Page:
At UNITE 2017, June 27-30, in Cincinnati, Ohio, Christian retailers and suppliers can impact lives for the Kingdom by donating to a local ministry that serves in the heart of inner-city Cincinnati.

BLOC (Believing and Living Out Christ) lives and works in under-served communities to offer positive choices, build relationships, and strengthen students, families, and communities in consistent, stable, personal, and long-term ways.

BLOC Founder Dwight Young and his wife, Stephanie, and their staff work in different neighborhoods with after-school programs, a jobs skills training program, an arts building, outreaches to women lost in addiction and sex trafficking, and two community meals programs.

“Our Weightless Anchor program operates a welcome center in a small pocket of poverty near downtown,” he explains. “We serve women who struggle with homelessness, addiction, sex trafficking, or mental illness by doing their laundry, offering them a place to rest, relax, have a snack, play a game, or simply take a shower. Once a week we have a sit-down, homemade dinner.”

At last year’s UNITE convention, attendees donated books, supplies, cash, and basic personal care items to BLOC, and the women have been most appreciative.

“Our Weightless Anchor ladies have continued to be encouraged by the different gifts they received because of the donation that came through the conference. Whether it was the journals or the soap, the ladies have been thankful that those items are available to them and they know we have plenty,” says Dwight Young.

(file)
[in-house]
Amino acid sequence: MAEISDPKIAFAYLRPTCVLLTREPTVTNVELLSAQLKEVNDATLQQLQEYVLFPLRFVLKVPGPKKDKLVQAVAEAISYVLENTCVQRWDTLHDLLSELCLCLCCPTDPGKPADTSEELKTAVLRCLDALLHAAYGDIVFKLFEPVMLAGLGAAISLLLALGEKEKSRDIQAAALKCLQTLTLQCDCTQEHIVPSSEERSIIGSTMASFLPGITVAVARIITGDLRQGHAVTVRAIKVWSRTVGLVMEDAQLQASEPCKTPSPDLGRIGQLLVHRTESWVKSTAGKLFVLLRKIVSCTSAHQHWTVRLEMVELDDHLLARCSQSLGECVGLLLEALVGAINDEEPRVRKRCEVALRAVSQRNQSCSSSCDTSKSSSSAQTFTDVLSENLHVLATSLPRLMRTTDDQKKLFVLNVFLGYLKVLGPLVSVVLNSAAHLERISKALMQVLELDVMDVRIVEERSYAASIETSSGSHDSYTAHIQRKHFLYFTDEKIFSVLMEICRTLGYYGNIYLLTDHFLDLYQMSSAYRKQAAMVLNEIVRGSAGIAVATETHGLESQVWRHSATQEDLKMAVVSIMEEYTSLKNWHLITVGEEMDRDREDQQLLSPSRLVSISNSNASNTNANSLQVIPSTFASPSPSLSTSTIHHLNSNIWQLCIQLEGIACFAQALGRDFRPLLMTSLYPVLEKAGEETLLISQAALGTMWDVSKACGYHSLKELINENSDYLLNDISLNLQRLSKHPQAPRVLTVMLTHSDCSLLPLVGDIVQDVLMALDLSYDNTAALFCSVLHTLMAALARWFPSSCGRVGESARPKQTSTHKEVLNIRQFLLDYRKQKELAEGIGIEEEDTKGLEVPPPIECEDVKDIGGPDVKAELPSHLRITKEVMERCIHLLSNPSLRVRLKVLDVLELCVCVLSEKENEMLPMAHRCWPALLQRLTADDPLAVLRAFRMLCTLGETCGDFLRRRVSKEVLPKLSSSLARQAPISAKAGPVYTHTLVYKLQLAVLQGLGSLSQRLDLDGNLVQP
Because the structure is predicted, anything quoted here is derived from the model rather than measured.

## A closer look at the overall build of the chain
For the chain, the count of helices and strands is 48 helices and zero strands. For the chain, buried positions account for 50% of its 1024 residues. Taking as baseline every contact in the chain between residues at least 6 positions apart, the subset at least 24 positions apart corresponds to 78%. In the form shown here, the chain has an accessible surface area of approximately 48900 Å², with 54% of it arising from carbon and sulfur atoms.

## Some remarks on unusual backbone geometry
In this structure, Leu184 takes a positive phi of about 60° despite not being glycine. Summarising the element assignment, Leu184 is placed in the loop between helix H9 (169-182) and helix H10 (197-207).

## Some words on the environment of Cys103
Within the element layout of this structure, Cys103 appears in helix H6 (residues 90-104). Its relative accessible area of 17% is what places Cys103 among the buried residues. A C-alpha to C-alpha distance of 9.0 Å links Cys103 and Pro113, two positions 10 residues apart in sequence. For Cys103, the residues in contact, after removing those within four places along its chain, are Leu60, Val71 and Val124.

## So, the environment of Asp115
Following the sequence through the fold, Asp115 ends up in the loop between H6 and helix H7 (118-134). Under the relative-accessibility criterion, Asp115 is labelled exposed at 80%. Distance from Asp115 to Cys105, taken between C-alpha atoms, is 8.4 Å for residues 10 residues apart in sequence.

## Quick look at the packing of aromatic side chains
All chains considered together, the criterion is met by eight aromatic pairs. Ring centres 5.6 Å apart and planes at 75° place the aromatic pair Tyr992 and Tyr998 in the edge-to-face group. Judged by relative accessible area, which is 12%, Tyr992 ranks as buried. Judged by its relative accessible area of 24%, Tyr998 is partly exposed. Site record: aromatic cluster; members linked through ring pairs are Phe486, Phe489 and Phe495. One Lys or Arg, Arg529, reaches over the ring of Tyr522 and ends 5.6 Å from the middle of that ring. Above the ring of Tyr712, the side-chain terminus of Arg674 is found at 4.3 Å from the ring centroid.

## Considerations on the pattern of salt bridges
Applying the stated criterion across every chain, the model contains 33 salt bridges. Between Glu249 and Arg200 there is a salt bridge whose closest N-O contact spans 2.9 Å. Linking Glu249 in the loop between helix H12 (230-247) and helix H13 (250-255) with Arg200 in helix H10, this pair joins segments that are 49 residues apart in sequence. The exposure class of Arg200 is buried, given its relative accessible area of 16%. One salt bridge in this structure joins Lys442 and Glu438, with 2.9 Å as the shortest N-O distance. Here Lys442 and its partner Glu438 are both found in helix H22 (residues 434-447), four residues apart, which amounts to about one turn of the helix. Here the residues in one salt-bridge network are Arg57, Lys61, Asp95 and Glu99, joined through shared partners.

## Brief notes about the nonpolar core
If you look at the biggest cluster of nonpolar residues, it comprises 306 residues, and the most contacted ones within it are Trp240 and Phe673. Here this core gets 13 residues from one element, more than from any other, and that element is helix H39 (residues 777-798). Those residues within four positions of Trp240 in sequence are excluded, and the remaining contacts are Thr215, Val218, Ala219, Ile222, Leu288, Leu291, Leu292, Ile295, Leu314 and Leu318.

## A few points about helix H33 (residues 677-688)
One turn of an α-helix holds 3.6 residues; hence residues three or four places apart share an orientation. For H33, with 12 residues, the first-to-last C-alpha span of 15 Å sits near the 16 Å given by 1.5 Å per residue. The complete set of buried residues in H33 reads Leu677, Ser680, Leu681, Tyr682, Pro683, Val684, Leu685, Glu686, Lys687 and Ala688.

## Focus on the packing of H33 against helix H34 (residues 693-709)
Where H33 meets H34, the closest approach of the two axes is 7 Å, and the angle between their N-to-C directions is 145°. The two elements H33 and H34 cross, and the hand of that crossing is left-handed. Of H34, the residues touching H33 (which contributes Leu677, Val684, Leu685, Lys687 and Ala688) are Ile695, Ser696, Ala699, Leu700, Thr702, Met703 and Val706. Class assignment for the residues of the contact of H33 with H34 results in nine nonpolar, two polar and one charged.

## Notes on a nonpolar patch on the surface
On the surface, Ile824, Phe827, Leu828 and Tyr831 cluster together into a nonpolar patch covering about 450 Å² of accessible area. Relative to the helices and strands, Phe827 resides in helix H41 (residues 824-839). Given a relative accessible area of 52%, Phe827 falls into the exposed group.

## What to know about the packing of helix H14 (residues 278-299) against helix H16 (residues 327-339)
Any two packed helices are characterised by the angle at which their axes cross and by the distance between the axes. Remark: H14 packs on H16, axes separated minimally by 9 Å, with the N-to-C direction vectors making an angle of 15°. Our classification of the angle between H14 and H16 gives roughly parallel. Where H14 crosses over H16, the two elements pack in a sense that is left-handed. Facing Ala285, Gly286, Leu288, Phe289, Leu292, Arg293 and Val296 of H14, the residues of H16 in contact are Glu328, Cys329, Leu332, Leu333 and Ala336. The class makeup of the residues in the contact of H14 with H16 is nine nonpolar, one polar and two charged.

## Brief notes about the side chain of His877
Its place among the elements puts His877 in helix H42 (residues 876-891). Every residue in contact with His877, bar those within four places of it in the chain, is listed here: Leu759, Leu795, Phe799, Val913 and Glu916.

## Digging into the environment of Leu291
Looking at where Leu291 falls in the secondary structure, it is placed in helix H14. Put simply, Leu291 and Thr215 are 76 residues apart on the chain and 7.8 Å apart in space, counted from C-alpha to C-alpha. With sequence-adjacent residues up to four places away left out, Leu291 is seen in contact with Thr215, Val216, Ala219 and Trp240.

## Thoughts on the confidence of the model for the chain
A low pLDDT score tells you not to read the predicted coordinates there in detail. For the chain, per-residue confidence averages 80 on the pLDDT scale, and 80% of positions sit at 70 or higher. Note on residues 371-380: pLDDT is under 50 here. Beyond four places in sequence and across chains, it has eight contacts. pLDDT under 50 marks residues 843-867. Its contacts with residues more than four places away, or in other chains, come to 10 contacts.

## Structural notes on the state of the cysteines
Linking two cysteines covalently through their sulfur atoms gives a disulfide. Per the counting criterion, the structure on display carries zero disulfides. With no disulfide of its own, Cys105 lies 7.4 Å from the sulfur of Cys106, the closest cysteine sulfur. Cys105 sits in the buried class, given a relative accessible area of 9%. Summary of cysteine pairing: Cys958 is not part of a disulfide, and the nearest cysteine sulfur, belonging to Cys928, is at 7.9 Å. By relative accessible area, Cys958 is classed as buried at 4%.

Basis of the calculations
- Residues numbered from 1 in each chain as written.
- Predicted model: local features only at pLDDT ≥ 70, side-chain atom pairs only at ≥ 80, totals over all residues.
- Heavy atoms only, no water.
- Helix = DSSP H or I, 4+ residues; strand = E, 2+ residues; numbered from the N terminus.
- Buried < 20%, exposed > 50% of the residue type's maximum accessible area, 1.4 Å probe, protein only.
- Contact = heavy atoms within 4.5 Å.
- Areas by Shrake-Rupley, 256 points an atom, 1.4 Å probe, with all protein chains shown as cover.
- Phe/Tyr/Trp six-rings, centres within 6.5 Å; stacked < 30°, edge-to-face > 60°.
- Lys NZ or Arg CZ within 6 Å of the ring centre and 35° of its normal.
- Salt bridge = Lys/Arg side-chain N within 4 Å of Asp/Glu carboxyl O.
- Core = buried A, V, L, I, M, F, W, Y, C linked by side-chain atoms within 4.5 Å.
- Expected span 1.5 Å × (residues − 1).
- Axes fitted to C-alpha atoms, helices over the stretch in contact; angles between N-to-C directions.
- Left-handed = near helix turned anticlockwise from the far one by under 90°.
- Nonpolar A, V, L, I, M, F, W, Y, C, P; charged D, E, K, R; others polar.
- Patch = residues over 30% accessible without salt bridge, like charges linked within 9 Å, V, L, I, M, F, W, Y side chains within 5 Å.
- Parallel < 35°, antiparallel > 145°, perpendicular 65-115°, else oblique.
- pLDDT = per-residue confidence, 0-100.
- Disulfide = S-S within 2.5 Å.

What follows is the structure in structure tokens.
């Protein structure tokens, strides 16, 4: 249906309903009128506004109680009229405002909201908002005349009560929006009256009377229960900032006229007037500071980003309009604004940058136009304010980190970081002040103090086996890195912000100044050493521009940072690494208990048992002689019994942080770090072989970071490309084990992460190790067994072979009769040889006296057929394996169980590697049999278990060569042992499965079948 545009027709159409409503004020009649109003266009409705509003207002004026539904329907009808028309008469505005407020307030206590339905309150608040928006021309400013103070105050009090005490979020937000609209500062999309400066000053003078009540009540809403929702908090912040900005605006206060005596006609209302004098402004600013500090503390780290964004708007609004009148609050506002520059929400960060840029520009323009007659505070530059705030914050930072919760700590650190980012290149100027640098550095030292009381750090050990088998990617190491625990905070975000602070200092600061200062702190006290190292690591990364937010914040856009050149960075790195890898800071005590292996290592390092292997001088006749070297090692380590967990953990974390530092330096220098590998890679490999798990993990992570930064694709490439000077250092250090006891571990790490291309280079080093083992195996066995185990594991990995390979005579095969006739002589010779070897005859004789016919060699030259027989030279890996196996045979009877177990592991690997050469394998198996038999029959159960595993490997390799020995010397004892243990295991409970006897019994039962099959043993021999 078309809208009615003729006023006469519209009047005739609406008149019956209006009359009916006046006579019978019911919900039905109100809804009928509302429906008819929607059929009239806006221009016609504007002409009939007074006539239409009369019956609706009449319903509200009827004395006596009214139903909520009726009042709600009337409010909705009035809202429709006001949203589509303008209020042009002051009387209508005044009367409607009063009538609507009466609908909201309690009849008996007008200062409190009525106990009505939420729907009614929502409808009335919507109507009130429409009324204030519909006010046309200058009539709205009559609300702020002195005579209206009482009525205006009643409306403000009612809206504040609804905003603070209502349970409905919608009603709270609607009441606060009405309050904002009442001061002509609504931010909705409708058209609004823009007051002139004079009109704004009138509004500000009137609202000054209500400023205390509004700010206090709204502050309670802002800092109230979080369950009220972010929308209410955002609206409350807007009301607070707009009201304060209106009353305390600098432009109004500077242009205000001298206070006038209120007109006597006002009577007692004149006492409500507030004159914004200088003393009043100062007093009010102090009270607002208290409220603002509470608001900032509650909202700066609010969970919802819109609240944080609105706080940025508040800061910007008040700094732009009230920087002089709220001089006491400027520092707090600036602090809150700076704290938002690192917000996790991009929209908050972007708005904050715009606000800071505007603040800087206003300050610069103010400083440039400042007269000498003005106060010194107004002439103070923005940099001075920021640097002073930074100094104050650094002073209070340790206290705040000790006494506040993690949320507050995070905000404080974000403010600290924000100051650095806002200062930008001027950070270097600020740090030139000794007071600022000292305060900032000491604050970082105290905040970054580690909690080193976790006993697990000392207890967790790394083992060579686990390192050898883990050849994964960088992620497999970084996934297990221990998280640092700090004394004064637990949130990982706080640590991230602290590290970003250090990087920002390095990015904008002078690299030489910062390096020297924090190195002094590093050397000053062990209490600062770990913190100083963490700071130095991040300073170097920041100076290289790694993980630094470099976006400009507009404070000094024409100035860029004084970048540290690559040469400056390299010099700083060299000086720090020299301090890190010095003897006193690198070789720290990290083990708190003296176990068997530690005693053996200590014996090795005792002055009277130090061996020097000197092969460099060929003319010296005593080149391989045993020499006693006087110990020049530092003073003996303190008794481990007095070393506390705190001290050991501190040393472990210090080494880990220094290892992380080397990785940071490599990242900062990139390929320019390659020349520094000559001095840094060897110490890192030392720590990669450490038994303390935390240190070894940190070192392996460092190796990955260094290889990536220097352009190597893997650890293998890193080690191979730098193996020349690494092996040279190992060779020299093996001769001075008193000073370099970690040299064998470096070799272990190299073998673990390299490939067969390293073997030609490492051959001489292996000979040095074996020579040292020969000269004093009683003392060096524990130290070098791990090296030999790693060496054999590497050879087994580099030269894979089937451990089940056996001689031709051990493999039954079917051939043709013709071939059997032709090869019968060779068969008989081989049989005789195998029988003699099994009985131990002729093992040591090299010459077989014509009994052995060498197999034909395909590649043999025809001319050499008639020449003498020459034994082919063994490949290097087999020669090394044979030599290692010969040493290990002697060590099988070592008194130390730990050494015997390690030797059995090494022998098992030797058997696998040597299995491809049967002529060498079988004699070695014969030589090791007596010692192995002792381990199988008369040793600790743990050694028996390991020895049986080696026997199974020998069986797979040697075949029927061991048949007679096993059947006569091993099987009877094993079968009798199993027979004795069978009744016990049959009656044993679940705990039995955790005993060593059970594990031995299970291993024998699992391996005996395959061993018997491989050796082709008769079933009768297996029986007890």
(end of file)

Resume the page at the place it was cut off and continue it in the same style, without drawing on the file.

BLOC also was able to bless a wide variety of students with donated books. “At our Fall Festival back-to-school event, we gave away hundreds of books to prepare and equip the kids for the new school year. We also have given hundreds away to our after-school program students.”

Young states that donated Bibles and other new books have blessed several incarcerated women. “Because of our women’s jail ministry, two of our staffers are able to stay in close contact to our ladies who are in jail. Each lady was so thankful to have new books that encouraged and empowered them to get back on the right track.”

In the year since UNITE 2016, BLOC has had encouraging results. Last December, they held a grand opening for the Redeemed Home, a transitional home for women recovering from substance abuse. “We currently have two ladies living in the house and we are praying through more applications that have come in to fill the other two beds,” says Young.

An April 1 date has been set for the opening of BLOC Sports Performance. Young explains: “We’ve seen a great deal of interest in sports from a number of high school men that we work with, but there aren’t a lot of resources for these athletes to take advantage of. One of our staff members had the vision of being able to provide high quality sports performance training to young high school athletes as well as tutoring, mentoring, and nutritional education in order to provide an avenue into college and hopefully get them off the streets. We are excited to see what God does with this new adventure.”

BLOC Industries currently employs more than 10 men who are either from the Price Hill neighborhood where BLOC works or are considered “hard to hire.” “Through the help of St. Vincent de Paul’s HELP program, we are able to train these men in a skill in order to boost their resume and give them hope for future employment,” says Young.

He hopes to focus on one specific neighborhood in 2017, Lower Price Hill. “This is where we see the most need but also the most potential. Having a large event in the neighborhood that would bring the people to us would be a great opportunity to connect with new people that we don’t typically cross paths with,” he says. “An event would also provide an easy opportunity to give resources to them in an organized and relational way.”

Get more information, including donation opportunities, at

— Lora Schrock